The two-year Humanities program leads to an Associate of Arts degree. The study of the liberal arts, combined with a classical humanistic curriculum, is calculated to achieve several ends: to lay a solid cultural foundation steeped in the wisdom of the Western heritage, to broaden horizons, to sharpen, deepen, and discipline the students’ mental abilities, and to enlarge their social outlook, preparing them to pursue further degrees in Philosophy and Theology and ultimately to be ready for their ministry as Roman Catholic priests within the cultural context of our time.
In the College’s pedagogical approach to achieve the goals set for each subject and to strive for excellence in all areas of formation, it seeks to imbue all students with an integral formation. The College understands this concept to mean that all areas are interconnected and mutually supportive. Faculty and formators in the spiritual, human, and apostolic areas meet regularly to coordinate their efforts and integrate them in a view of the particular needs of the students and of the community as a whole.
Within the academic field, the faculty is committed to streamline syllabi and contents to facilitate an organic presentation of contents across subjects. Furthermore, various courses benefit from team teaching by means of which faculty members enrich with specific contributions according to their expertise.
Legionaries studying at our College are
1) To acquire and round out a solid general education, especially in the cultural areas of history, ideas, art, literature, music, and science;
2) To learn how to listen, which means understanding from a human and Christian perspective the driving forces in man, society, and culture past and present through a panoramic and deep contact with representative ideas, trends, events, authors and works most outstanding in shaping Western culture;
3) To learn and acquire proficiency in the classical languages of Latin and Greek at least for ecclesiastical and biblical use, and Spanish as the universal language of the Legion of Christ, while consolidating English as needed for college level;
4) To prepare and train the capacity to engage culture through mature judgment, dialogue, and direct contribution;
5) To formulate their ideas with logical rigor and express them orally and in writing with clarity and elegance;
6) To consolidate learning habits and train intellectual processes (assimilate, analyze, synthesize, relate, judge, create), along with an eagerness to learn and the commitment to hard work in studies.
According to other institutional goals, the students are
7) To form a well-rounded personality through the harmonious integration of feelings, passions, imagination, memory, intellect, and will, in agreement with the demands of their personal life, their faith and convictions and of their future mission;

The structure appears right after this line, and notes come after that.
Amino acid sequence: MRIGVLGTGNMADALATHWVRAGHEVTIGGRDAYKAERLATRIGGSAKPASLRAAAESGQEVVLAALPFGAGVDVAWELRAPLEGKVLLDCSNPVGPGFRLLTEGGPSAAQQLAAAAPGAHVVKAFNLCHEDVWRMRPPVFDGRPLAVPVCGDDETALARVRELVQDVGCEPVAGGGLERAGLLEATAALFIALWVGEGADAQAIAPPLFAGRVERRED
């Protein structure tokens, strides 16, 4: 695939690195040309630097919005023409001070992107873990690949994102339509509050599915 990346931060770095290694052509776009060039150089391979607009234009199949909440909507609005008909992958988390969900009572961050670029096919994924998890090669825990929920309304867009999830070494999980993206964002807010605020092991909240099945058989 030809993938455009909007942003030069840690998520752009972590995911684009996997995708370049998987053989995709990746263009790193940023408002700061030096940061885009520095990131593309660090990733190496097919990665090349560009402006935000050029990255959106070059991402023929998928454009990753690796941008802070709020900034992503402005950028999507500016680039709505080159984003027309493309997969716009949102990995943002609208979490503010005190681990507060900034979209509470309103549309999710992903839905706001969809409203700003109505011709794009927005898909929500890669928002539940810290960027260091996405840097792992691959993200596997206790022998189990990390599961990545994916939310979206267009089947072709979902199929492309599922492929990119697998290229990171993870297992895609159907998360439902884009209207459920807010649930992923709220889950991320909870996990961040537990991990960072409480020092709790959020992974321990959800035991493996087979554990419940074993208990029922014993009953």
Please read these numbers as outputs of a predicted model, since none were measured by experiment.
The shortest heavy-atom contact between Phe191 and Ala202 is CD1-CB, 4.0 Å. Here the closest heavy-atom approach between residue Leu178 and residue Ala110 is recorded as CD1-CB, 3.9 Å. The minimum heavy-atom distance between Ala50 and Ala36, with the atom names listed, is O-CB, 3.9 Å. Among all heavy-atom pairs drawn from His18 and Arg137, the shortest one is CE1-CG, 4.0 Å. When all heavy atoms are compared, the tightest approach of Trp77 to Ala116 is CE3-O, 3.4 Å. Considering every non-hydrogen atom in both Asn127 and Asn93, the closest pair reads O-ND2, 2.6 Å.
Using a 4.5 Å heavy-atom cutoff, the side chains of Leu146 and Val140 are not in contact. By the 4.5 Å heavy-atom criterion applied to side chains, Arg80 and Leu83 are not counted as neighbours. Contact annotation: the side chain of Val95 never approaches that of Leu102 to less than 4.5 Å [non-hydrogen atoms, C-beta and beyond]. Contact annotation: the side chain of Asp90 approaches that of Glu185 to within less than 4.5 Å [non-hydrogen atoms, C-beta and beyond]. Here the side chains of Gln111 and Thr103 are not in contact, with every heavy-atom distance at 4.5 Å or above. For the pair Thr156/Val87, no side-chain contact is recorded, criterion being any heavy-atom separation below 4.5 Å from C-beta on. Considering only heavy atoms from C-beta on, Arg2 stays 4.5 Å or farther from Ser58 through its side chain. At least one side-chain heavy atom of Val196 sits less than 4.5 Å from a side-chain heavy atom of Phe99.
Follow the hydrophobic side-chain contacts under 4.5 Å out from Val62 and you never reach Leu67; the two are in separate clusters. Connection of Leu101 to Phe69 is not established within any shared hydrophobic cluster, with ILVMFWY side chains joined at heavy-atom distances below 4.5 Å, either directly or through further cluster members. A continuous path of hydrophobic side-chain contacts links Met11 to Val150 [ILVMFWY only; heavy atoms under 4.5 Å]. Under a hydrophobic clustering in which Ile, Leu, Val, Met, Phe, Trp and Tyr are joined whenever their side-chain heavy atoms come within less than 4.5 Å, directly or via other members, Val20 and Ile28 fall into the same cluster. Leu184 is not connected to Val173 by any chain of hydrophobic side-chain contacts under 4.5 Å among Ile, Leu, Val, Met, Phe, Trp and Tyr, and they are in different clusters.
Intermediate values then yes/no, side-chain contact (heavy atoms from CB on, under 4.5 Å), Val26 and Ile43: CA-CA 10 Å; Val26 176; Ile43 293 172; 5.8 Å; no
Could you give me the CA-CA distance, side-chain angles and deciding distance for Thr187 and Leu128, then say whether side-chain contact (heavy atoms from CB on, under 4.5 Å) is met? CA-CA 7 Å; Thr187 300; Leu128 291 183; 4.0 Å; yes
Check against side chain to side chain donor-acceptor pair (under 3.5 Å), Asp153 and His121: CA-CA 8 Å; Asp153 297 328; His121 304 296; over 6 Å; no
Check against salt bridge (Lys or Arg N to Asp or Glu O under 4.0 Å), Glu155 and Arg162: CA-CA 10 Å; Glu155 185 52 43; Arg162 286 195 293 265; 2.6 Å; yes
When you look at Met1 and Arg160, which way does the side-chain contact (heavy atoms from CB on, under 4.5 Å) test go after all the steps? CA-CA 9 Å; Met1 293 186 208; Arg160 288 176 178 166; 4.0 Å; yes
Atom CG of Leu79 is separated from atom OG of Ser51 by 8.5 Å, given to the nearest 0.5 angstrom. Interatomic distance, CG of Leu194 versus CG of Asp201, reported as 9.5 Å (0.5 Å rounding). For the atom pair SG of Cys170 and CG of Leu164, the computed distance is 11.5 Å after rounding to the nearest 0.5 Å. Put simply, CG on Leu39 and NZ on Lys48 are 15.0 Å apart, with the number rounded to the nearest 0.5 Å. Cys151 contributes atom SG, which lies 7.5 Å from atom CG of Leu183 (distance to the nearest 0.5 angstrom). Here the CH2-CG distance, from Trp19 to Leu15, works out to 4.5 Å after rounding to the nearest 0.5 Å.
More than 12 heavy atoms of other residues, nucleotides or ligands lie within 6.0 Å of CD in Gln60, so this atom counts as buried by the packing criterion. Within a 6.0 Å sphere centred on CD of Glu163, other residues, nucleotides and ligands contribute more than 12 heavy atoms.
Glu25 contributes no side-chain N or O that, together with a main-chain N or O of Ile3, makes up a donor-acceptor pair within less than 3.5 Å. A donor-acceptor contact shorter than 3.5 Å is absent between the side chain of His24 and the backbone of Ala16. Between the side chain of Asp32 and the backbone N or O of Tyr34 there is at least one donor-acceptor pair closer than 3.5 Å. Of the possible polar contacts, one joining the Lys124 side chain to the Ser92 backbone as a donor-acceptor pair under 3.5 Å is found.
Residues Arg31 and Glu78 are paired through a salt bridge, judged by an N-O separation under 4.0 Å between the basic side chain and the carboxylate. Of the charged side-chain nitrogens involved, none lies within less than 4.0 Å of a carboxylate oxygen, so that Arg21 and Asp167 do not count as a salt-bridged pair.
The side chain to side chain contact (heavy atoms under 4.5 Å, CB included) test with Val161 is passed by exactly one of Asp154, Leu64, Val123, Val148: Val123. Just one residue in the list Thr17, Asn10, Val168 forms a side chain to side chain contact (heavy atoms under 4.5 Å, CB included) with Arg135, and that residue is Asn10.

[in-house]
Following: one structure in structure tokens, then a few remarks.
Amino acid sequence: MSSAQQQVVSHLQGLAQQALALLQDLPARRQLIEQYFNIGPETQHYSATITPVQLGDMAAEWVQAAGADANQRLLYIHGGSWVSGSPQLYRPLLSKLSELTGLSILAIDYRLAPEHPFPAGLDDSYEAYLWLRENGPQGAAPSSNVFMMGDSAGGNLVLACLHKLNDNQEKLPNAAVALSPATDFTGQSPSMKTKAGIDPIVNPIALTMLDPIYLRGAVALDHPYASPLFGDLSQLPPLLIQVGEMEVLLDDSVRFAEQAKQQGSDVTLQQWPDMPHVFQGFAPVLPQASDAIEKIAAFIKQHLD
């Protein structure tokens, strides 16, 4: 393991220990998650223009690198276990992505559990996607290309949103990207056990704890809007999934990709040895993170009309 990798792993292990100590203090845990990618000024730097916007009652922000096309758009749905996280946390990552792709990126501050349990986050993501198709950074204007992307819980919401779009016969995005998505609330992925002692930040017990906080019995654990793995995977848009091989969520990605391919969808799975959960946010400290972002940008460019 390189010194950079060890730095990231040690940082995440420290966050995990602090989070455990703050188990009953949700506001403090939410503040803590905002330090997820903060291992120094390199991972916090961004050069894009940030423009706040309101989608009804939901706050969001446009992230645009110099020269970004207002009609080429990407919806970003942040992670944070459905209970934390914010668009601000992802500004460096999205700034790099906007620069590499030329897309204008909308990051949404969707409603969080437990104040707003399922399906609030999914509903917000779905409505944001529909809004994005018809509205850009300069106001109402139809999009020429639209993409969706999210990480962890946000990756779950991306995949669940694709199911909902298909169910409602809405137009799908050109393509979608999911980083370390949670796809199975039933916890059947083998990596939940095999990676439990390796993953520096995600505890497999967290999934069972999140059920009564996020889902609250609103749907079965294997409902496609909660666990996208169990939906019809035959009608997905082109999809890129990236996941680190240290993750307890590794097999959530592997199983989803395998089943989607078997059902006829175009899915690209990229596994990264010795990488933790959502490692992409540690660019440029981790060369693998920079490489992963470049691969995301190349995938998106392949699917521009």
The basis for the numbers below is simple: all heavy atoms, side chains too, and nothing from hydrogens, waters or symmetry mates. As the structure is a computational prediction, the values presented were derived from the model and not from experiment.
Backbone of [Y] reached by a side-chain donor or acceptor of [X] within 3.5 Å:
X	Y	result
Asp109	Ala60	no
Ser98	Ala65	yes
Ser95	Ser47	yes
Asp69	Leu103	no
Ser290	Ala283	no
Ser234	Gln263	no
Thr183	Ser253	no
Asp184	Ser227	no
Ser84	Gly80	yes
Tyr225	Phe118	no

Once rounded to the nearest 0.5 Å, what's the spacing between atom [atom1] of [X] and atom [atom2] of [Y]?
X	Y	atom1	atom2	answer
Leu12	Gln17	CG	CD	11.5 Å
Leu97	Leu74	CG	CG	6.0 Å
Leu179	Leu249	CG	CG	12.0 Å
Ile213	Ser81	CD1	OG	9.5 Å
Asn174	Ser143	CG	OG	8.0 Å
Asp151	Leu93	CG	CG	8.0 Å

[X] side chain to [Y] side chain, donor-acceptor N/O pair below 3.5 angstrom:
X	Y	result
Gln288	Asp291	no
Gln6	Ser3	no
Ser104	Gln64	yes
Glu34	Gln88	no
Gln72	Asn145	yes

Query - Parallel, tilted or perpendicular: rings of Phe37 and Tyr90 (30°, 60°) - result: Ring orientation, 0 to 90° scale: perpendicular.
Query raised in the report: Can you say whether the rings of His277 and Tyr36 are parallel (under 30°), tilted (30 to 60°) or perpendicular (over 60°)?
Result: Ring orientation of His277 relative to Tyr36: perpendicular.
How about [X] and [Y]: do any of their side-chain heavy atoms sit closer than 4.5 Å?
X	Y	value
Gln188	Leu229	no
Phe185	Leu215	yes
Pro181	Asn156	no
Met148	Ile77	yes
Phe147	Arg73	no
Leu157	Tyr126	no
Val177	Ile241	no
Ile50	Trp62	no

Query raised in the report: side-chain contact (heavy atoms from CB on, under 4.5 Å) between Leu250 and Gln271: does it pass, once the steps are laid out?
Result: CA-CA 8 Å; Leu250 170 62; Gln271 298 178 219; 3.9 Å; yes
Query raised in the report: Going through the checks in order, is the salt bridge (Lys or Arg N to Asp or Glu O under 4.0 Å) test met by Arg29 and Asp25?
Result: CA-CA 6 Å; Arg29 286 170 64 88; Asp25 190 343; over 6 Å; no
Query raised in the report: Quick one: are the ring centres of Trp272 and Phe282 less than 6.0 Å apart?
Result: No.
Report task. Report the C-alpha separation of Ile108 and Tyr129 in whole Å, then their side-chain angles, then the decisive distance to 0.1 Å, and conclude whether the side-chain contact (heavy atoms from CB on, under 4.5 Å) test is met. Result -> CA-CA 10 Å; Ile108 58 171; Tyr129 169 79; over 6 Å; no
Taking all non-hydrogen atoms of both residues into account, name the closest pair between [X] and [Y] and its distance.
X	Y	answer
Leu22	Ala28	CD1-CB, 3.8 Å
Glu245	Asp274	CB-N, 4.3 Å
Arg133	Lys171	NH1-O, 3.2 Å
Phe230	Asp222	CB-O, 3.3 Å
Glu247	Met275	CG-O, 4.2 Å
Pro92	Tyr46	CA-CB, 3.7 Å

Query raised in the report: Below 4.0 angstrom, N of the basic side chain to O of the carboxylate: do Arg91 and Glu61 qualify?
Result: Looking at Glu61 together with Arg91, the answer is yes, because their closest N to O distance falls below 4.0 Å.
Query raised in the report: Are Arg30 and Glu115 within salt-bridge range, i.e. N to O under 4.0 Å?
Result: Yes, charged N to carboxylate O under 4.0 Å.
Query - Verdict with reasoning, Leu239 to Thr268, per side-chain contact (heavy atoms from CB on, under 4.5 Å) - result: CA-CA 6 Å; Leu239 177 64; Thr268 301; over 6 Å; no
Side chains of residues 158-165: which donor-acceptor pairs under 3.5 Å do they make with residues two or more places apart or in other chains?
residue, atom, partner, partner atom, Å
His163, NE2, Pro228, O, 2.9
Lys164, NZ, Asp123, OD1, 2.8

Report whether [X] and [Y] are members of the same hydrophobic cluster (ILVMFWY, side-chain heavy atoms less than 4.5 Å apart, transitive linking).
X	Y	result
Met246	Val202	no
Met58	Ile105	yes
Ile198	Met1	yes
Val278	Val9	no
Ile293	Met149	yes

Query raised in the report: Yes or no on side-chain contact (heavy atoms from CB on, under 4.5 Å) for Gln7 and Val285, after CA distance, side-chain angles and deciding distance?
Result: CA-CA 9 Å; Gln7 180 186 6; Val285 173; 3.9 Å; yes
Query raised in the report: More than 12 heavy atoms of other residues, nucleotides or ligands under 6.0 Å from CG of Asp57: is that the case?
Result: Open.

8) To foster the ability of living in community, working together in teams, and the mutual exchange across languages and cultures as a fruit of the internationality of the student body.
The academic program provided by the College is part of a comprehensive preparation for the Roman Catholic priesthood. According to the ancient tradition of religious life, the daily schedule is characterized by a healthy combination of prayer, work, study, and relaxation.
One of the main principles is personalized formation. Each member is encouraged to take ownership and responsibility for his growth in all areas, but he is also accompanied by a team of formators. In addition to receiving frequent spiritual and human guidance on an individual basis, the religious have an academic adviser who guides them individually in all aspects of their academic work.
Readings during meals, special group presentations on academic subjects for the whole community (“academies”) several times a year, regular “Cheshire Lectures” given by faculty members or qualified outside speakers, and visits to museums, historical places, exhibitions, and classical music concerts are elements that enrich the ordinary formation program.
The internationality of the community contributes to avoid prejudices and to promote openness to other cultures and traditions by living a universal spirit characteristic of the Catholic Church. The community is divided up into teams where each individual listens and learns from others, collaborates with them, has initiatives, and exercises the skill of leadership and responsibility.
For their human formation, all are required to cooperate in the cleanliness and maintenance of the house and the gardens, and to fulfill chores in the kitchen and in the dining room. Further, the house has a choir and a band. Team sports, individual exercise, and regular community outings for hikes apply the ancient formation principle: mens sana in corpore sano -a healthy mind and a healthy body belong together.
Opportunities to train in apostolic work by participating in youth groups, teaching Catechesis, giving talks in parishes, organizing events in the lay apostolate, and accompanying experienced priests in their ministry help the religious to see their studies within the context of their future mission. These moments lived outside of their ordinary environment contribute to the task of evangelization even from the early stages of their formation.